Erik, also known as the Phantom and first known to Christine as the Angel of Music. Disfigured since birth and the most extraordinary genius who ever lived. I was drawn to him from the beginning, and I have to confess that my first feelings towards him were of fear. He was a cold-blooded killer, a manipulative sociopath, and hardly more than a child in an adult's body with no conscience and no respect for humanity. But then I read on...despised by his mother, made an outcast because of the way he looked, his many talents turned towards evil, eventually driven to hide underground in the cellars of the Opera...he's a case to be pitied. Compassion came after fear and some pretty convoluted emotions, considering what more he was compelled to do by his dangerous obsession with Christine. I could understand, and yet I couldn't condone. Despite all of that, killing and kidnapping and blackmailing and terrorizing and Lord knows what else, he still had that moment of redemption where all the wrong he had done didn't matter anymore. An act of compassion on Christine's part touched him, and touched him so deeply he was moved to do the right thing for the first time in his life and "tasted all the happiness the world can offer." He finally learned what it meant to truly love someone else, and to know kindness. The end of his story hit me like a freight train the first time, and if anything the impact of it has only grown as my understanding of everything behind the novel grows.

It's a shame that Christine's character is butchered so often as it is. Sure, she's a little on the gullible side, but rarely is she portrayed like she has a brain in her skull (Webber, I'm looking at you...). She's a born singer that loses her genius with the death of her father, only to be coached into divinity by the so-called Angel of Music. Erik, prompted by his obsession, appears to her as the angel her father promised to send her, and she is taken in by the lie until she finds herself in Erik's home--which is closer to Hell than Heaven, in a little twist of symbolism--and strips away both mask and fantasy. From that moment on, she has to keep her wits about her, going along with Erik's demands and doing what she can to keep her sweetheart safe. She fears Erik and she pities him, pities him so much she can't bring herself to hate him. Isn't that something? You would think she had plenty enough reason to, after all, but it's hard to say which she was more reluctant to do: return to him when she must, or break his heart. Stockholm Syndrome, anyone?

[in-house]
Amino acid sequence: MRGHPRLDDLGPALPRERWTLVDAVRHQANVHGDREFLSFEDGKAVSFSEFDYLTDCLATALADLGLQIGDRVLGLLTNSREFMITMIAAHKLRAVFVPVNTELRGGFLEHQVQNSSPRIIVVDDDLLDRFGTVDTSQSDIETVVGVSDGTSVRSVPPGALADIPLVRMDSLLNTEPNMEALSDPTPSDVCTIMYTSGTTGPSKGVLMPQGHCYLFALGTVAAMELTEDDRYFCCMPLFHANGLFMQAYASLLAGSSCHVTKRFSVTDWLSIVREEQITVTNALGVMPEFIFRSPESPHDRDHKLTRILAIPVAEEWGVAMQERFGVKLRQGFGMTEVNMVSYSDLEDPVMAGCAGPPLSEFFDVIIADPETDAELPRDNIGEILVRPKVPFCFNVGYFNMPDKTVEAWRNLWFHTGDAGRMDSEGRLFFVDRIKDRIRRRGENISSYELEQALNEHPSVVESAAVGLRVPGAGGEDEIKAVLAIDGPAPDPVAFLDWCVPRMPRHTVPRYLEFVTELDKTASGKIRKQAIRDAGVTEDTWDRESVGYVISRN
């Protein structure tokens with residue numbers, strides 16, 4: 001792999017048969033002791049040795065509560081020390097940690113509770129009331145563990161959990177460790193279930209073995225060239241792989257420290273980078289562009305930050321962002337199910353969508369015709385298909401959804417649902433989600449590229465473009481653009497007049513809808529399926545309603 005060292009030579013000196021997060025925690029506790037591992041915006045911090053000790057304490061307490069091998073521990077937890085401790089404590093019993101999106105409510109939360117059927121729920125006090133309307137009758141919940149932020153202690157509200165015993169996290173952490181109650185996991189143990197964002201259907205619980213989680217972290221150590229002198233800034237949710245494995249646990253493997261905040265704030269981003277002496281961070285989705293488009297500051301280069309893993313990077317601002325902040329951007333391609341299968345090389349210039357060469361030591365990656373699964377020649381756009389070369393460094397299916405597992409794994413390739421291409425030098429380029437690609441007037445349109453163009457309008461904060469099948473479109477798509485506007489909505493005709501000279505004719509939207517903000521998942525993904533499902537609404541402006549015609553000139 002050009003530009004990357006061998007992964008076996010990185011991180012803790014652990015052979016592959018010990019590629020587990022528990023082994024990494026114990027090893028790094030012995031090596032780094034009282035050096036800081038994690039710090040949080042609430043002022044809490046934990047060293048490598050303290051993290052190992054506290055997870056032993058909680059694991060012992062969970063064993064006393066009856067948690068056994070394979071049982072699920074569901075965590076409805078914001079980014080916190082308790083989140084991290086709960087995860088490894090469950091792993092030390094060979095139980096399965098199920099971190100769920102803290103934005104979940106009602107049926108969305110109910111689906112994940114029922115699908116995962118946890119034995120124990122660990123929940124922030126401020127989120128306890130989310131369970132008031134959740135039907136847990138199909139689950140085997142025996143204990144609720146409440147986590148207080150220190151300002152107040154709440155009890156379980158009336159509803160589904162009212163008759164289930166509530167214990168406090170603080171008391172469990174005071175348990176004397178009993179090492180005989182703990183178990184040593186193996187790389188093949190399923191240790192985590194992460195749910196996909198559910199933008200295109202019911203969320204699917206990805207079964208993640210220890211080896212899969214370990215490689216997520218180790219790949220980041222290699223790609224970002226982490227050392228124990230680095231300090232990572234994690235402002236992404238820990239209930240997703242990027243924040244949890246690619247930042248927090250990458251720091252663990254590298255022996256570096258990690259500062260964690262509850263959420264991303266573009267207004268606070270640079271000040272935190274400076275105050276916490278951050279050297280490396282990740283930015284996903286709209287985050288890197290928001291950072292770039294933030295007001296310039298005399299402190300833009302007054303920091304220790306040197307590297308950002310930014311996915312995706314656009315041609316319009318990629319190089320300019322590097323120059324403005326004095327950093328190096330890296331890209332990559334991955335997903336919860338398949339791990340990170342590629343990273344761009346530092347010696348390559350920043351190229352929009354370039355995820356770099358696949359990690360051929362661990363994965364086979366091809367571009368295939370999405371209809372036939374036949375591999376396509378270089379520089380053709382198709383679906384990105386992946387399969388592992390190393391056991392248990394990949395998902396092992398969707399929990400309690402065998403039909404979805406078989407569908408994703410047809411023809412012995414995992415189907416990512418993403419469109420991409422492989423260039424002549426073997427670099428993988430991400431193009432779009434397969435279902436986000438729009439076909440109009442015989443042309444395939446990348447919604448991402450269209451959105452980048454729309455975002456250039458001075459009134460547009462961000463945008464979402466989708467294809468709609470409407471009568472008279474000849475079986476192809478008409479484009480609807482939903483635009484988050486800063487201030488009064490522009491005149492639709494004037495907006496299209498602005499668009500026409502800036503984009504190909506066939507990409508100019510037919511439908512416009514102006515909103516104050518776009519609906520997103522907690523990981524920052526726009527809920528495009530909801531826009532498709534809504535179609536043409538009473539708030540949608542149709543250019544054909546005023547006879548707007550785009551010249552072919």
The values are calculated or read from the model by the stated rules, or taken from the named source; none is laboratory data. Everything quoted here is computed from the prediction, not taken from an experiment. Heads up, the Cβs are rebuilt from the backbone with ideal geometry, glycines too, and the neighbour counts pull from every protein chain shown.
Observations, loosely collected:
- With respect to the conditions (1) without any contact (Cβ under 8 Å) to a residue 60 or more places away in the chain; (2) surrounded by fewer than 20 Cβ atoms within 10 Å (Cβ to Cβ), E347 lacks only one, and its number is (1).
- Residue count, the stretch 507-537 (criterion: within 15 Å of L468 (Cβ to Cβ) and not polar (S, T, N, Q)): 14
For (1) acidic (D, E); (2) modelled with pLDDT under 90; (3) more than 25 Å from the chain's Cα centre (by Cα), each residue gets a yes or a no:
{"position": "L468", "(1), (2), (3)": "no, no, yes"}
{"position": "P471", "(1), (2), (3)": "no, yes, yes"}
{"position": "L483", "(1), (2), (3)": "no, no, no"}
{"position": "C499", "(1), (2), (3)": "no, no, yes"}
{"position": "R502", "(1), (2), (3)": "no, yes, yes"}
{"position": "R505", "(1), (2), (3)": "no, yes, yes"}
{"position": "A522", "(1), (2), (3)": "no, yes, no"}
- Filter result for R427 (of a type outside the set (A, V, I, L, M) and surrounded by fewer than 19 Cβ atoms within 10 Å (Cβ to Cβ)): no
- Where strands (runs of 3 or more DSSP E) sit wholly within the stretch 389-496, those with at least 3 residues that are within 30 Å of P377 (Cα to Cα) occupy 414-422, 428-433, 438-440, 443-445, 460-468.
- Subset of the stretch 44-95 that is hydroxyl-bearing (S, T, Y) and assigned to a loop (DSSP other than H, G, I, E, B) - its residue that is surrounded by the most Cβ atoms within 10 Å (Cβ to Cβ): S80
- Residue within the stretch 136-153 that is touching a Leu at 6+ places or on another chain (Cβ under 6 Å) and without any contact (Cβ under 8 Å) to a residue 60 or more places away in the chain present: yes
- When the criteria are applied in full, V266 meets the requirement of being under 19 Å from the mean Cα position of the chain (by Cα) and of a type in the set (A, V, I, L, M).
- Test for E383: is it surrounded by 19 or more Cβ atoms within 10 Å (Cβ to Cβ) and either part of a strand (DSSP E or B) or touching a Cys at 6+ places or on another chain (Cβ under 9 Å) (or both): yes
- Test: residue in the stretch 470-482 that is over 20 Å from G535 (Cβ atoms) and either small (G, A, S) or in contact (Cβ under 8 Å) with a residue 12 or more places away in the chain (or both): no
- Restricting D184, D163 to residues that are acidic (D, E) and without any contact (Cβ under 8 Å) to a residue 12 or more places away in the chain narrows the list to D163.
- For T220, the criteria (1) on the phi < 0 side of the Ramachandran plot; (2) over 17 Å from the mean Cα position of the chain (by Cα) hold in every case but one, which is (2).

That's right, I said it! Stockholm Syndrome! No great romance, no true feelings of love and devotion! As M. Leroux wrote it, Christine's feelings were that of a bonded captive, bordering on an Electra complex. He took the place of her absent father when she believed he was an angel, and when she learned the truth, their relationship turned into that of jailer and prisoner. Sorry, E/Cers, but I gotta call it like I see it. While we're on the subject, Erik wasn't really in love with Christine, either. He was fixated on what she represented: beauty, purity, the chance to be accepted. He's also got a few mommy issues thrown in there; I mean, who in the world thinks about their mother when kissing someone else? They were each without a parent, and each filled in the role for the other.